What we have in Europe now is an emerging concept of the liability of economic impotence. No kind of political and economic impotence shall remain unpunished. This is to say that we no longer have a right to fail, which had long been an inescapable aspect of freedom. The right to be open to the possibility of bankruptcy or any other possibility of failure was part of the European saga of freedom as a fundamental choice we make every day facing its consequences.

Those days are gone. Now you are at risk of becoming a gravedigger of Europe or even of the entire world if you send a wrong message to the global market. You may cause a global domino effect, thus letting down your foes and allies who equally depend of that same single world power structure. This is a new language of power, hitherto unseen and unidentified by anybody in world history. Behave yourself, otherwise you will spoil the game and will let us down. In doing so, you will jeopardize the viability of a moral and social order within which no country or nation remains responsible for itself. Everything has its global repercussions and implications. And how about the nations? Up to now we were certain that the European nations embodied the Calvinist principle of predestination implying a possibility to be happy in this earthly life and in this-worldly reality; the Kantian principle of self-determination became more relevant in the 19th century. There was a world where the pursuit of happiness, like the possibility of salvation and self-fulfillment spoke the language of the republic and its values: hence, the emergence of postcolonial nations after two world wars and after the breakup of empires.

What we have today in our second modernity bears little, if any, resemblance to this logic of the first modernity, as Ulrich Beck would have it; we can no longer experience the passions and longings of the 20th century, not to mention the dramas of the 19th century, no matter how hard we try to relegitimize our historical and political narrative. To use the terms of Zygmunt Bauman, the liquid modernity transformed us into a global community of consumers. What was a nation in the era of solid modernity as a community of memory, collective sentiment and moral choice, now is a community of consumers who are obliged and expected to behave in order to qualify for the club.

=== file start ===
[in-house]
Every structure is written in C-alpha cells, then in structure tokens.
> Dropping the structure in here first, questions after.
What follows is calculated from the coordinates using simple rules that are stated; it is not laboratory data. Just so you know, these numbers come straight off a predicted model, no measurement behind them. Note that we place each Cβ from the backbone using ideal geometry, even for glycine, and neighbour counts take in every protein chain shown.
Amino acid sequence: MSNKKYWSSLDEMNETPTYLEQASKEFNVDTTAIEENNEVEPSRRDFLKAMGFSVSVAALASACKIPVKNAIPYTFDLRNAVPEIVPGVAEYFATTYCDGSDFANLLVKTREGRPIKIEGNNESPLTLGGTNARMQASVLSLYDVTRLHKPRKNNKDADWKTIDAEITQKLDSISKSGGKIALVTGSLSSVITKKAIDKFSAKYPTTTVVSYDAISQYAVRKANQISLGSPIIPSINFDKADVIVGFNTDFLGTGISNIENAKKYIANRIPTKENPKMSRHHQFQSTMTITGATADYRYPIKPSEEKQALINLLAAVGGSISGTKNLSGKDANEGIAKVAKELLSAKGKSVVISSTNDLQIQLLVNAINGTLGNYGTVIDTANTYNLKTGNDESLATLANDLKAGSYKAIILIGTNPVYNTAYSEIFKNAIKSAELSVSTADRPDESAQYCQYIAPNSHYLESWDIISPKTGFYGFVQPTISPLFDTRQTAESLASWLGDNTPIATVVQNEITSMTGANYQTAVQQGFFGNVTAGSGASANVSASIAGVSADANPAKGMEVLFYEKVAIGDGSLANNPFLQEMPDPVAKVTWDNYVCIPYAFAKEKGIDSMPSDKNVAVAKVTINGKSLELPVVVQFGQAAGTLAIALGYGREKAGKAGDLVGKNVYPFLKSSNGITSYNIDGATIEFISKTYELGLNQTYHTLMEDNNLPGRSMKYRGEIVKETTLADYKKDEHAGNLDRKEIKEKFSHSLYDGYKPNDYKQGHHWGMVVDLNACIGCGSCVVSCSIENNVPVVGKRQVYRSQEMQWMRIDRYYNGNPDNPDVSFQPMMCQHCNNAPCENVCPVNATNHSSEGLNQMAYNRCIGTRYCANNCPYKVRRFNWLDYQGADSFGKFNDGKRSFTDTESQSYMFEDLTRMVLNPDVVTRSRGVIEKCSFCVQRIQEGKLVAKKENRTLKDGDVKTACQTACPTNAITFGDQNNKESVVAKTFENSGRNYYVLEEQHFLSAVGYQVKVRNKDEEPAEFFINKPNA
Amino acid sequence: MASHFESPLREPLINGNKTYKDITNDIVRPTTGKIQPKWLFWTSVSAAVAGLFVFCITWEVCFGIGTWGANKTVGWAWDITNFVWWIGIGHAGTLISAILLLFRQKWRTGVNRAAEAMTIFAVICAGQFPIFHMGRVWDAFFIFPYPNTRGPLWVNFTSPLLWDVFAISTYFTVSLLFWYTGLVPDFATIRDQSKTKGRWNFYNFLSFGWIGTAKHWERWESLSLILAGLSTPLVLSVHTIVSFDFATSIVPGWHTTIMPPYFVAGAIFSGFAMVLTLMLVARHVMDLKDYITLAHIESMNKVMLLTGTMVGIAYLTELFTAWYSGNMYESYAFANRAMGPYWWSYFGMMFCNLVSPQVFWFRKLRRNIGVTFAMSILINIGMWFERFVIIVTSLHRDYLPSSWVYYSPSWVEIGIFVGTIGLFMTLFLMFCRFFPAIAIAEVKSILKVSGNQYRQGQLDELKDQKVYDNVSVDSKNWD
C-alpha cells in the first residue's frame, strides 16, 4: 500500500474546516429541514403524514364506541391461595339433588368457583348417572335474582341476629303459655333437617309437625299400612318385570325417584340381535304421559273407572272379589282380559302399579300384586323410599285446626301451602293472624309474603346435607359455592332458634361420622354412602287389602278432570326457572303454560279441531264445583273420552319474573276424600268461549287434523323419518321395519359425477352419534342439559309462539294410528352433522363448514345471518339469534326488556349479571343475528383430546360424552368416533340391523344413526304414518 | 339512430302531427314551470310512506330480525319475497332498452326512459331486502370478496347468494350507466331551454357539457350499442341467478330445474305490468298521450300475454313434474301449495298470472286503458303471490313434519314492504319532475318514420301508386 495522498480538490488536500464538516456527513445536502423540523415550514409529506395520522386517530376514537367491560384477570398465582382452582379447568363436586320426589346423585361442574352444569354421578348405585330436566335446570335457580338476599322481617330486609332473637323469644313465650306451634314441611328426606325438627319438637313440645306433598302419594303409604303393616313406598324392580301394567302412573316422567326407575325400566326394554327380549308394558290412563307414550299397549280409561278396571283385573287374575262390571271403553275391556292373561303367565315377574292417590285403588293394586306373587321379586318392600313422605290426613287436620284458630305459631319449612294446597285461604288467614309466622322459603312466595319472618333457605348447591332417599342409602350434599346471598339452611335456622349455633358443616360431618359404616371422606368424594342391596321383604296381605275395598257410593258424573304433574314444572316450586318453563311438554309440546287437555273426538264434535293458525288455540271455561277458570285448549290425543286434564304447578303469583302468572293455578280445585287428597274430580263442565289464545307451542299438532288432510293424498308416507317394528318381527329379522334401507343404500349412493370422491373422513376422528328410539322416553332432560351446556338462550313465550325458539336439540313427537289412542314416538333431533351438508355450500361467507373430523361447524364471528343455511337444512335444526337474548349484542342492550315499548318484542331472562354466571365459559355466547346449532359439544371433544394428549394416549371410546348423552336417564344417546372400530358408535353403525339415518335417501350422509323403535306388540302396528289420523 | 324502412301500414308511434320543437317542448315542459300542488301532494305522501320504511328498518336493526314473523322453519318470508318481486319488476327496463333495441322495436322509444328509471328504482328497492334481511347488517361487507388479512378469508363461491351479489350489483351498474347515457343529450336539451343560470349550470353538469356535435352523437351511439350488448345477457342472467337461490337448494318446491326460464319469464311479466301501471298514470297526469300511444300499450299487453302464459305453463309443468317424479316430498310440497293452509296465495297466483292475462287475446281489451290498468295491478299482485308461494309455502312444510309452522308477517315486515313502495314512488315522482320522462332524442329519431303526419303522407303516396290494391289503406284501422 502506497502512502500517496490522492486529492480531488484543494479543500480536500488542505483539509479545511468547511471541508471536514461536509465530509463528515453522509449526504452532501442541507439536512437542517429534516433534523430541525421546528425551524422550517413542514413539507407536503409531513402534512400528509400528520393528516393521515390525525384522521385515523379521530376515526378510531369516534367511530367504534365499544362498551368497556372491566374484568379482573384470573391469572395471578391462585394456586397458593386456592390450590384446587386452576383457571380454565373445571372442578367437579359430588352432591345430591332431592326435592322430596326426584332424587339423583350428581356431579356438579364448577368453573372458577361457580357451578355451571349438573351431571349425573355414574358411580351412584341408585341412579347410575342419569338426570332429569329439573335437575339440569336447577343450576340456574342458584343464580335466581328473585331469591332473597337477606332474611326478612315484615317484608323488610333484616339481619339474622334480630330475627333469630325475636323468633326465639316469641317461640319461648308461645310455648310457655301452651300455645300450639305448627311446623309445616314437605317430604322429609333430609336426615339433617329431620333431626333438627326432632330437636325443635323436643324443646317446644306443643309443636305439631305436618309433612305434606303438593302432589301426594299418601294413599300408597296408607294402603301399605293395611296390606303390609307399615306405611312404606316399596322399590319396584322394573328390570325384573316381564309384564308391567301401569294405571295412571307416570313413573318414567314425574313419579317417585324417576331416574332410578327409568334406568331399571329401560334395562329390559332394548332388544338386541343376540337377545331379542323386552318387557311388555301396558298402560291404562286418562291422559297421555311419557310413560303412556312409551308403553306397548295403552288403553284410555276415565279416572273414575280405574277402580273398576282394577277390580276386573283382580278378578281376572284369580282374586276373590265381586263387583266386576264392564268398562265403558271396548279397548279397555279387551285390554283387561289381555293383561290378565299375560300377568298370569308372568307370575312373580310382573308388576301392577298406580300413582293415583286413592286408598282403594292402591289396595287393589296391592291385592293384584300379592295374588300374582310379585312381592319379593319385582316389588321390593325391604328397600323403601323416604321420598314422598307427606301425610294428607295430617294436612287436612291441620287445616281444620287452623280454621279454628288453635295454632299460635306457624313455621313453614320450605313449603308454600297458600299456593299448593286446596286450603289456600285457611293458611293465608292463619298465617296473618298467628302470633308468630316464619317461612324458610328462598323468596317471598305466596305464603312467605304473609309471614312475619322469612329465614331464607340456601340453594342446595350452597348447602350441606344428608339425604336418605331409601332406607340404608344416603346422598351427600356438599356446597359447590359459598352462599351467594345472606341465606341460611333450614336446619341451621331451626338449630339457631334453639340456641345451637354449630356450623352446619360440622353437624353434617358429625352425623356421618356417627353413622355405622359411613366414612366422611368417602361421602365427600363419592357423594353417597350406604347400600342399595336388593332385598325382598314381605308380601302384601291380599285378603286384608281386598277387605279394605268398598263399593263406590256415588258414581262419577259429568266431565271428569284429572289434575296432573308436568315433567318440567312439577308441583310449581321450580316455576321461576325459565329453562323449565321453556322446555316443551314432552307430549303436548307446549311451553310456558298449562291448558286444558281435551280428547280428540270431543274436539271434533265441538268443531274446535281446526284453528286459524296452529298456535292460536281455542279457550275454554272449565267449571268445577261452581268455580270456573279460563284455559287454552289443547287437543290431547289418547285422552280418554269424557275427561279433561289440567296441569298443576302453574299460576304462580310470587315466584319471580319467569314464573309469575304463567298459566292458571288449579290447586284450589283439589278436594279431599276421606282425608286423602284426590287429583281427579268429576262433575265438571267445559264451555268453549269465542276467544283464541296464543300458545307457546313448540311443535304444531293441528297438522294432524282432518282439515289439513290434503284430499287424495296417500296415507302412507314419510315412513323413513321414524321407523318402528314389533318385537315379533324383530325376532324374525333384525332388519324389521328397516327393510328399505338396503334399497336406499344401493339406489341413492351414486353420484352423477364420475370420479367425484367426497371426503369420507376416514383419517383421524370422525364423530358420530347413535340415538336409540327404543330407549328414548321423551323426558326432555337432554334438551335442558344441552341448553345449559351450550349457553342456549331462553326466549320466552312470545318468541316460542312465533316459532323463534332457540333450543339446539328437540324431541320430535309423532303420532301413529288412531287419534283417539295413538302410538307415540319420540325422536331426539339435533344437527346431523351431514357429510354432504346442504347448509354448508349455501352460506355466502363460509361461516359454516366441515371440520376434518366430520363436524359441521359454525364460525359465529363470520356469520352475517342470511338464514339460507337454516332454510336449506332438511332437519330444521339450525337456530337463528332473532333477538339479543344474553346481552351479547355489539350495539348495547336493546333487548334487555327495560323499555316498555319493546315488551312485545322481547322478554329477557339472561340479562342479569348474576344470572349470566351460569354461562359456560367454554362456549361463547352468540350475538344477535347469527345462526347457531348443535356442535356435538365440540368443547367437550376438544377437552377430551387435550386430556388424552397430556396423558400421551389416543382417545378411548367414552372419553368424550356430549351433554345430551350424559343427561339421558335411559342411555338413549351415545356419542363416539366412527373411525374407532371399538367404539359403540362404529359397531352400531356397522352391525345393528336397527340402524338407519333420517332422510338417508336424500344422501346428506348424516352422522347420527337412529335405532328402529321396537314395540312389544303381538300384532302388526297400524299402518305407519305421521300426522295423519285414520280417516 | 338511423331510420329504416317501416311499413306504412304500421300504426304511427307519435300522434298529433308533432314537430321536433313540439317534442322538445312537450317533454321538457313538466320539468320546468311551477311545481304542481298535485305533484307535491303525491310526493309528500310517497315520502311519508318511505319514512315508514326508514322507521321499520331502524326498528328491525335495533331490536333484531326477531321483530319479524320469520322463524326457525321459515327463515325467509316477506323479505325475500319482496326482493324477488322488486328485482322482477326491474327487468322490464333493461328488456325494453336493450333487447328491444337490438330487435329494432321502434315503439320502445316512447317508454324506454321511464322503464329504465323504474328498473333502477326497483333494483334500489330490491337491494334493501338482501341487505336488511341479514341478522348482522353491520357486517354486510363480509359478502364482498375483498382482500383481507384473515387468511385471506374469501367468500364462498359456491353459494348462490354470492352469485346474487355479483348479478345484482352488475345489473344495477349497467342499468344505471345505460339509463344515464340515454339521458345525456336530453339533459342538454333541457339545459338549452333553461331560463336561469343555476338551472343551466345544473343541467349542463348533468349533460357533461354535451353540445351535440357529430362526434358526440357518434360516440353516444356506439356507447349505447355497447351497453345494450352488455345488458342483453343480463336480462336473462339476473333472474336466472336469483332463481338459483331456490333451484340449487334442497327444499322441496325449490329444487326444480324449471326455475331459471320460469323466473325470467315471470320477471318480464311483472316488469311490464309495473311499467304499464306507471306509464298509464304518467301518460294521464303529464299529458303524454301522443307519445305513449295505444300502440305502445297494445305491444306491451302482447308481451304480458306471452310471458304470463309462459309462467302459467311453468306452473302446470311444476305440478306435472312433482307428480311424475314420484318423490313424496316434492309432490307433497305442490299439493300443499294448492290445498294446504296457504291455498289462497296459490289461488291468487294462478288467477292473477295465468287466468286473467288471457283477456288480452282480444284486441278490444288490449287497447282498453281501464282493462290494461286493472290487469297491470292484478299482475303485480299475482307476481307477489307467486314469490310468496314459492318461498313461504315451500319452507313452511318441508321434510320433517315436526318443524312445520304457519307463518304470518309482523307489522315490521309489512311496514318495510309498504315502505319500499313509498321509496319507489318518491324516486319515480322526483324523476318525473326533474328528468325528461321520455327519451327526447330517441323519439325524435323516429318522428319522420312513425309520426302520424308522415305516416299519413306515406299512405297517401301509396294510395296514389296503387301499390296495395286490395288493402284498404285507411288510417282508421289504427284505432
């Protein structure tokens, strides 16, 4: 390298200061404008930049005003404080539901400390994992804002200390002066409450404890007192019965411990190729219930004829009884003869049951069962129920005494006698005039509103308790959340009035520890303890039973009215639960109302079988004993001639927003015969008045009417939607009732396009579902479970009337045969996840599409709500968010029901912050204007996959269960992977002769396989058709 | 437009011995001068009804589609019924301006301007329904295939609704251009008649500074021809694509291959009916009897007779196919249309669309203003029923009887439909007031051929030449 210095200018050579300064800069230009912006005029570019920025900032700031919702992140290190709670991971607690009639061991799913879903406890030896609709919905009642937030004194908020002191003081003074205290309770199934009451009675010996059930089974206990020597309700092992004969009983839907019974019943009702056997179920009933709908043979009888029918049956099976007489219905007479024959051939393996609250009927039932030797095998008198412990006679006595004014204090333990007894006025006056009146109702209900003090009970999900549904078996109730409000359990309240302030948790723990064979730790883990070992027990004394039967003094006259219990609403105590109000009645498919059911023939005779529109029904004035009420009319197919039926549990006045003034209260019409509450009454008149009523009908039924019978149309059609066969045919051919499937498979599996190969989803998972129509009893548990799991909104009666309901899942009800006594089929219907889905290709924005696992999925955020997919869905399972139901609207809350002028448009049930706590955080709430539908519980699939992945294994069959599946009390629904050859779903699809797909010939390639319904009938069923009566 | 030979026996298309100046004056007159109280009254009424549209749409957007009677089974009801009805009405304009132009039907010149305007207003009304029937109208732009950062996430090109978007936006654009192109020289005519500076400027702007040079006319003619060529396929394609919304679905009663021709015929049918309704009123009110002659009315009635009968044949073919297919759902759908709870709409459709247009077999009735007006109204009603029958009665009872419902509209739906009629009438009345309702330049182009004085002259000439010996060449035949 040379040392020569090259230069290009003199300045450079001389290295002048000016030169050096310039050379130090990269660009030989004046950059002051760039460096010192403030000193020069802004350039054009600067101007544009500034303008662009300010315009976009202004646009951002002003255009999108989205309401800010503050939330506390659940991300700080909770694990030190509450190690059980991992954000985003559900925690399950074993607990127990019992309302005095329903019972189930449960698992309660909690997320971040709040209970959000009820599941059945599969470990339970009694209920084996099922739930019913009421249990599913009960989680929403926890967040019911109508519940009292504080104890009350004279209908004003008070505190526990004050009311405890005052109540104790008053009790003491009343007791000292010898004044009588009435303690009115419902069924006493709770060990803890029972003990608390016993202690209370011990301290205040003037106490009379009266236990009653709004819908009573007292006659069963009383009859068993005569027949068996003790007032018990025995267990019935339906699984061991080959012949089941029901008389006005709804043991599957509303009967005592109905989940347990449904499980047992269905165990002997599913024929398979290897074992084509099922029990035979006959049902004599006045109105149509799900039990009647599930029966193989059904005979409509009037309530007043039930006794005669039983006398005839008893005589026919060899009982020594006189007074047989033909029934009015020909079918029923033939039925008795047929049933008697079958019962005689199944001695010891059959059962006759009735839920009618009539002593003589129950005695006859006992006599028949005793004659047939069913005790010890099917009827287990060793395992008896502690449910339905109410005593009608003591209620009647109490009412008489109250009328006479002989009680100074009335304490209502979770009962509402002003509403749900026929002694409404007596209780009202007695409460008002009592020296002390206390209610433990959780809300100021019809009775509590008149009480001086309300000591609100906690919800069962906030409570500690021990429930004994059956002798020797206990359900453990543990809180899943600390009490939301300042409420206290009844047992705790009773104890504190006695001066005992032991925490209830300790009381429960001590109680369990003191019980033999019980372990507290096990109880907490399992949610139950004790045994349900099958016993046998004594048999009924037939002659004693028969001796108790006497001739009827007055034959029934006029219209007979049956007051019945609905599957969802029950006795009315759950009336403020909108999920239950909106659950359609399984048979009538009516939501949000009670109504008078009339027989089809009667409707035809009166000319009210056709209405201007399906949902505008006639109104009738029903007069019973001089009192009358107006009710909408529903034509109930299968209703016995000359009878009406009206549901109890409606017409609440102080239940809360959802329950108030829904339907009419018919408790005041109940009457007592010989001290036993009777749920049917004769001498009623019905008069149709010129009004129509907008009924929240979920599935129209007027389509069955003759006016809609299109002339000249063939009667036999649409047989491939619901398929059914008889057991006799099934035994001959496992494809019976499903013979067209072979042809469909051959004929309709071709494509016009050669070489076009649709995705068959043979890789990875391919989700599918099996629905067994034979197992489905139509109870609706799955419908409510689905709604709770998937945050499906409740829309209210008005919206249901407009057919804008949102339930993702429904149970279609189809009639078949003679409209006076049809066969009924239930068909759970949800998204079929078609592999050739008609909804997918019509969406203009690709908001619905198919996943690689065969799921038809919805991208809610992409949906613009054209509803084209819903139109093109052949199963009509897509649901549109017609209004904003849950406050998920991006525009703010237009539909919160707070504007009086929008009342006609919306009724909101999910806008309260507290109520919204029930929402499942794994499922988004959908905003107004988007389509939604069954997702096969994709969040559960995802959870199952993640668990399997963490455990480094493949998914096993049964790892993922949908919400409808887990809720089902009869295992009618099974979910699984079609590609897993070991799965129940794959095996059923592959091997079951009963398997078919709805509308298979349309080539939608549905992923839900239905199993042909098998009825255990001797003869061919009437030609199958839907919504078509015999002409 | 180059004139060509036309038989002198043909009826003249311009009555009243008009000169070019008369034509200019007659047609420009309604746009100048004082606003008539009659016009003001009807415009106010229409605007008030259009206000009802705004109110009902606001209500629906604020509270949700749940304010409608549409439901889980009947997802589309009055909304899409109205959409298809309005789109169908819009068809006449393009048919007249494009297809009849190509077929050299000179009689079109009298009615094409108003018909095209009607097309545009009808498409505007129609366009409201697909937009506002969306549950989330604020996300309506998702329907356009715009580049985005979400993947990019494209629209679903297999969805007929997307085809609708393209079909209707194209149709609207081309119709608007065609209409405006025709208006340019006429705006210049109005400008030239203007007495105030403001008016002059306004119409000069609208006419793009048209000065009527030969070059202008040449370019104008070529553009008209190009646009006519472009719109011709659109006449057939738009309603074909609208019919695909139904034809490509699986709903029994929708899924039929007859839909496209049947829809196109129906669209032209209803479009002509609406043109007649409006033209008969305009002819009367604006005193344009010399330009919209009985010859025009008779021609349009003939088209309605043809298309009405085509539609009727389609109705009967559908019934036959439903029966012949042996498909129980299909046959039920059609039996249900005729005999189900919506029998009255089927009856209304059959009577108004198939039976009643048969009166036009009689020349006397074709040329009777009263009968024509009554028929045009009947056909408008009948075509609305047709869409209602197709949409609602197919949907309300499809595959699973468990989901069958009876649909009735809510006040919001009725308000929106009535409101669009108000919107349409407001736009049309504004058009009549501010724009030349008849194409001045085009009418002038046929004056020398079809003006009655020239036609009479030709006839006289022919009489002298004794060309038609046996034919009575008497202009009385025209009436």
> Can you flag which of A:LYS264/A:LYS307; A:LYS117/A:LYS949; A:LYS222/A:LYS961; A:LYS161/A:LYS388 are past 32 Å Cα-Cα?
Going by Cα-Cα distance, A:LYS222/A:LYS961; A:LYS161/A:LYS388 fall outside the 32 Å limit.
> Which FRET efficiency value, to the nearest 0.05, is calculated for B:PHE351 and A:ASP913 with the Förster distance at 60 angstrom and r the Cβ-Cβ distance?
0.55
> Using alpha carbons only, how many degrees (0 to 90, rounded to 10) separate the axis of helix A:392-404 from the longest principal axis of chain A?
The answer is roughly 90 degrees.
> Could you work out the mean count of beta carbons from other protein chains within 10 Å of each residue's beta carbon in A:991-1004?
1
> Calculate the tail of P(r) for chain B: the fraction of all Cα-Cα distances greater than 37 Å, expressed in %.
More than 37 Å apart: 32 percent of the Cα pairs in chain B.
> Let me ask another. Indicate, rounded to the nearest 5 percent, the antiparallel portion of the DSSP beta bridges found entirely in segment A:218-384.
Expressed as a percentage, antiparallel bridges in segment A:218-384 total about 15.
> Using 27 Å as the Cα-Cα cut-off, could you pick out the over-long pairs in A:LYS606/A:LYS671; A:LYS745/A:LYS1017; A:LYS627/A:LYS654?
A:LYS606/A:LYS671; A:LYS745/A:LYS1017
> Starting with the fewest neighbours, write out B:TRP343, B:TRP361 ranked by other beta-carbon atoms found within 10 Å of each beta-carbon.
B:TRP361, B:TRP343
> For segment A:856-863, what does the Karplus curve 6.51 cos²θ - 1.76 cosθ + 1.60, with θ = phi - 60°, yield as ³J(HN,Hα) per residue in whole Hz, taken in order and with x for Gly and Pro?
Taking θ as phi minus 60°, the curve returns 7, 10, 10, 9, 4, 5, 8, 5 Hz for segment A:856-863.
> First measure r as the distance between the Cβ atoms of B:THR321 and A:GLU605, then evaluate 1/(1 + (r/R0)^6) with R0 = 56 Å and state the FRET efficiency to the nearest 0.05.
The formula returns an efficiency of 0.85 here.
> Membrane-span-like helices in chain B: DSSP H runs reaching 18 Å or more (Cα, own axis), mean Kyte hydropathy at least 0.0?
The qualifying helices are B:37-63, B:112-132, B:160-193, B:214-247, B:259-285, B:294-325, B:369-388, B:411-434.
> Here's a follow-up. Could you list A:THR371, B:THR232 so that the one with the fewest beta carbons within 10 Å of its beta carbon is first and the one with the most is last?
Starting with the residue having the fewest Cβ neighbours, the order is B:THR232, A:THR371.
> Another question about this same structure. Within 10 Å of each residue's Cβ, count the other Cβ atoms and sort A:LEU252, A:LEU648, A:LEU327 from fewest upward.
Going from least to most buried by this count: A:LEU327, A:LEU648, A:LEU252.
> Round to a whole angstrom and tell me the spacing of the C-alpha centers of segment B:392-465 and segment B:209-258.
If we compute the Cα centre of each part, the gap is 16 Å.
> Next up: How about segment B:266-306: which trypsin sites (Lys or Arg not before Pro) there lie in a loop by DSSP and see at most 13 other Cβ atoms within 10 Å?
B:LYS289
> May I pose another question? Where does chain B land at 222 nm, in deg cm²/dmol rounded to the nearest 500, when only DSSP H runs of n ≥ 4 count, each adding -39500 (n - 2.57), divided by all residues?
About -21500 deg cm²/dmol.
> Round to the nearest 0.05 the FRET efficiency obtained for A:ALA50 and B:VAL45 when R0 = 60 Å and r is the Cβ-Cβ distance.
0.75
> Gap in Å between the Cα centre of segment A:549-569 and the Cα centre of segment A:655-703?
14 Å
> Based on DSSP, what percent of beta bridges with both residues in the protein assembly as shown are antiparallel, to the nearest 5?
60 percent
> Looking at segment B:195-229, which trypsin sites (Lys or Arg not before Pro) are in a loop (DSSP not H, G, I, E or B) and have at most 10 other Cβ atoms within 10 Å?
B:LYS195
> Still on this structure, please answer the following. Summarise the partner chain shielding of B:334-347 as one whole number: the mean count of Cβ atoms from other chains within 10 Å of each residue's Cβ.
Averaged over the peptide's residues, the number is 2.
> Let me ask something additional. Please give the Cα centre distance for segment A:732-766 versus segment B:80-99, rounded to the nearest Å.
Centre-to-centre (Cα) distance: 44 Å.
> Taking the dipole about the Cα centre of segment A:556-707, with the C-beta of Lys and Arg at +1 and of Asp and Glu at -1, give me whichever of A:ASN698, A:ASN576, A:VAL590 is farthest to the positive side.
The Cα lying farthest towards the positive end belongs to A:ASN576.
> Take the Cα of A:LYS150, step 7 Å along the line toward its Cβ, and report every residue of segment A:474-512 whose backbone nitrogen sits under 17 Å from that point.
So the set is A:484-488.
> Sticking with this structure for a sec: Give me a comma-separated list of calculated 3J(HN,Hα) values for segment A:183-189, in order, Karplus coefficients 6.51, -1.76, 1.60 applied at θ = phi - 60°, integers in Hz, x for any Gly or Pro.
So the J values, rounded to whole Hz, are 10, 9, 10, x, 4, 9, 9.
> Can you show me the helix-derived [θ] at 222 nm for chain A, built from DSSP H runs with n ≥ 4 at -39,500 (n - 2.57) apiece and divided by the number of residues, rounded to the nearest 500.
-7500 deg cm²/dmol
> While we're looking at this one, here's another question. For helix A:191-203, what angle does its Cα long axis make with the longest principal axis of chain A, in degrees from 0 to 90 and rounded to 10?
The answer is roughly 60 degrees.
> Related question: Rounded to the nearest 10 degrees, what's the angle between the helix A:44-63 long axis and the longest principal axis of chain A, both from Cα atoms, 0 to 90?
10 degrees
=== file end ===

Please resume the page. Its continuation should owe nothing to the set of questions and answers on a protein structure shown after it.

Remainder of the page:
In the epoch of facebook, the nations are becoming extraterritorial units of a shared language and culture. We knew in the era of solid modernity that the nation was made up by several factors, first and foremost by a common territory, language and culture as well as by the modern division of labor, social mobility and literacy. Nowadays, the picture is rather different: a nation appears as an ensemble of mobile individuals with their logic of life deeply embedded in withdrawal-and-return. It is a question of whether you are online or offline with regard to your country’s problems and the debates around them, instead of deciding once and for all whether you are going to stay in that same place or vote for those same political actors for the rest of your days. Either you are on or you are off. This is a daily plebiscite of a liquid-modern society.

(5) Was 1989 the end of geopolitics in this part of the world?

In fact, 1989 was the end of geopolitics in Eastern and Central Europe. Yet on a closer look now it appears to have been just a geopolitical interregnum caused by Russia’s political impotence and humiliation by the West, as they claim now under Vladimir Putin – instead, it seems to have been a failure to bring the worst legacy of the USSR and Stalinism to the end. What we have now is a comeback of history and geopolitics all in one and all at once.

By the time this opinion piece is published, we will know whether Russian ambitions in Ukraine went beyond Crimea, but here in Kaunas, Lithuania, there is a strong sense of how history repeats itself. A feeling of being back in time with such code names as Munich, the Sudetenland, Hitler, Daladier, and Chamberlain is much stronger than it would have been any time earlier after the fall of the Berlin wall. We bid farewell to the holy naïveté of Francis Fukuyama’s vision of the end of history, as if to say: “Welcome back to the twentieth century!” We are parting with Fukuyama just to be on the way to Putiyama, as Andrei Piontkovsky, a brilliant Russian political analyst and essayist, once put it with his wit and elegance.